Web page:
Before you are eligible for Social Security disability benefits, you must satisfy some basic financial requirements. You must: 1) have a disability that has lasted or is expected to last 12 months; and 2) you must have worked in a job where you paid Social Security taxes long enough and recently enough; and 3) you must not earn more than Substantial Gainful Activity (SGA), which is $1,550 per month in 2024 for nonblind applicants and $2,590 per month for blind applicants.
Basic SSDI Requirements –>


You may also be eligible for Social Security Disability benefits if you have another medical condition.

One disorder alone may not meet the criteria of an impairment as stated in Social Security’s Blue Book, but if you have more than one medical condition, Social Security must consider how those health issues combined limit your ability to hold a job and perform necessary daily tasks.
Disability for Multiple Impairments –>

If you are 55 or older or have another medical condition you may get approval.

Applicants who are 55 or older often fall under a grid rule, which means they are not expected to learn a new job.
Disability for those over 55 –>

You may also be eligible for Social Security Disability benefits if you have another medical condition.

One disorder alone may not meet the criteria of an impairment as stated in Social Security’s Blue Book, but if you have more than one medical condition, Social Security must consider how those health issues combined limit your ability to hold a job and perform necessary daily tasks.
Disability for Multiple Impairments –>

Should you file a claim?

If you believe that you meet Social Security’s medical and financial requirements, you should apply for benefits. If you are still unsure or would like to talk to someone, please contact us at 512-454-4000. We are always ready to take your call and discuss your options with you free of charge. We are happy to help folks just like you find the best solution for their personal situation.

How do I file for Social Security Disability benefits?

Once you have decided to file a claim, you can take the first step and apply for Social Security Disability benefits in person at your local Social Security Administration office, online, or over the phone.
How to Apply for SSDI –>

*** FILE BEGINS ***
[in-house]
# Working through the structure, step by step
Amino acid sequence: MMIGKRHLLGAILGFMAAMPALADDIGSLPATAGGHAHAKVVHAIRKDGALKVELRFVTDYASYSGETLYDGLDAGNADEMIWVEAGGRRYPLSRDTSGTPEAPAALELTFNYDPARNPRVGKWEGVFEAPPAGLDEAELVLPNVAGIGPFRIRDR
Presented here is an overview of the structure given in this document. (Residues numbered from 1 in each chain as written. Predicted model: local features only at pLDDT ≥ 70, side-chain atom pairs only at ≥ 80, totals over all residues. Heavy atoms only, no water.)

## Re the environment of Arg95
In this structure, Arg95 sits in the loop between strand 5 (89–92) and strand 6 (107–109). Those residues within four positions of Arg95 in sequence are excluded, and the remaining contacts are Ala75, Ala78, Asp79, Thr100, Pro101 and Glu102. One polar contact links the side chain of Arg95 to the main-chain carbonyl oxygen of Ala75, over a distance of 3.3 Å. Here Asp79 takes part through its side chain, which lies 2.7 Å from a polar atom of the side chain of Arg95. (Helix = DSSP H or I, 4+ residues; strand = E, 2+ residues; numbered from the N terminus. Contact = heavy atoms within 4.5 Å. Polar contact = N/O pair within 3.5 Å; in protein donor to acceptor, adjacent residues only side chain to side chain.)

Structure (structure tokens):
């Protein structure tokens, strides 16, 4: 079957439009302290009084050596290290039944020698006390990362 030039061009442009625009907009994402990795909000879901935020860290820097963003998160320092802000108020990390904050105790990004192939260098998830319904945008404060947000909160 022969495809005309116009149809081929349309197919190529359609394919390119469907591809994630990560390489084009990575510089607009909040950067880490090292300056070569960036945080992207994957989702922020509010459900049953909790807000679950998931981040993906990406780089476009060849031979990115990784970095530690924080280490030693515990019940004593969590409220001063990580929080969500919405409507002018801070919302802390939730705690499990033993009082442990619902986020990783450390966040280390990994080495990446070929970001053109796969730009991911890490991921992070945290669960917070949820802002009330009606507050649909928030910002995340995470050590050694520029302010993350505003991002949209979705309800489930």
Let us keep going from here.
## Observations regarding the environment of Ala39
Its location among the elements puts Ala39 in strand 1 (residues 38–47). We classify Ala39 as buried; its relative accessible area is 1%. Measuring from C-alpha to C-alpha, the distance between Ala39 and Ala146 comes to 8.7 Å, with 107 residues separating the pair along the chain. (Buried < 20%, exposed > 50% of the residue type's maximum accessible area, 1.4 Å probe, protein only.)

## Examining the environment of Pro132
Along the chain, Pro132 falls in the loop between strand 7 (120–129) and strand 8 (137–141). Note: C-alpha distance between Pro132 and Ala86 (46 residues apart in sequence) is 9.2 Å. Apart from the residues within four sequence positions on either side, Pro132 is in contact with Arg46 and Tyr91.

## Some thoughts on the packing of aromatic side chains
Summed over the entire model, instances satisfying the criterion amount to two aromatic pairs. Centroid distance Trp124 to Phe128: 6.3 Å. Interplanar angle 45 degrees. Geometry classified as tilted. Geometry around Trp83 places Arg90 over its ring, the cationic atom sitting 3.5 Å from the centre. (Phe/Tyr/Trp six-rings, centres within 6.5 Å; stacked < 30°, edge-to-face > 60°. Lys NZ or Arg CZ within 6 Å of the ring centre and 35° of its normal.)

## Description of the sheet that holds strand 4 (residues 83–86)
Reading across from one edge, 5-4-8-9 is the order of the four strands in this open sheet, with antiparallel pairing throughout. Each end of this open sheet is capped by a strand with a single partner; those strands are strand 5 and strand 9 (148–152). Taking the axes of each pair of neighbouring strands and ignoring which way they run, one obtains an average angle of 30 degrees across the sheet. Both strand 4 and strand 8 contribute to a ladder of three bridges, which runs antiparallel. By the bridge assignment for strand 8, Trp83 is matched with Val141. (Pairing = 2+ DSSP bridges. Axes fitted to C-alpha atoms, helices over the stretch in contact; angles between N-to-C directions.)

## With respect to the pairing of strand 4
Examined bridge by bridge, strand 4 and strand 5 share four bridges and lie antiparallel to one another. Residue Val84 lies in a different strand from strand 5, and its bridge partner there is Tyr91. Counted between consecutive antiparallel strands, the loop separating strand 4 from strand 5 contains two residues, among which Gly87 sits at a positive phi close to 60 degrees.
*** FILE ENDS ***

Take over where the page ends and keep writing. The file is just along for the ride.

Appealing denied benefits

Most who file are denied initially. That doesn’t mean you won’t qualify; you just need to file an appeal.
There are four steps to the Social Security appeal process.
SSDI Appeals Process –>

Do I need a disability attorney for SSDI?

You may certainly file a claim on your own, but evidence shows that your chances for approval are increased significantly if you have legal representation.
Do I need an SSDI attorney–>

What if I don’t qualify for SSDI?

If you haven’t worked long enough to earn enough work credits, or if you earn too much income, you may be eligible for disability benefits through another Social Security program, such as Supplemental Security Income (SSI), or from a long-term disability insurance plan through your employer or a privately purchased policy.
What is Supplemental Security Income or SSI?–>

I have long-term disability insurance – should I file a claim?

Absolutely – you should file a claim as soon as you become disabled.
LTD Disability Appeals Process–>


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Disability benefits are an important source of income for those who are unable to work. If you are not able to work due to accident or illness, you may be eligible for Social Security Disability or Long Term Disability benefits. If you have applied for benefits and been denied, contact the attorneys at Bemis, Roach and Reed for a free consultation. Call 512-454-4000 and get help NOW.

Attorney Lonnie RoachAuthor: Attorney Lonnie Roach has been practicing law for over 29 years. He is Superlawyers rated by Thomson Reuters and is Top AV Preeminent® and Client Champion rated by Martindale Hubbell. Through his extensive litigation Mr. Roach obtained board certifications from the Texas Board of Legal Specialization. Lonnie is admitted to practice in the United States District Court - all Texas Districts and the U.S. Court of Appeals, Fifth Circuit. Highly experienced in Long Term Disability denials and appeals governed by the “ERISA” Mr. Roach is a member of the Texas Trial Lawyers Association, Austin Bar Association, and is a past the director of the Capital Area Trial Lawyers Association (Director 1999-2005) Mr. Roach and all the members of Bemis, Roach & Reed have been active participants in the Travis County Lawyer referral service.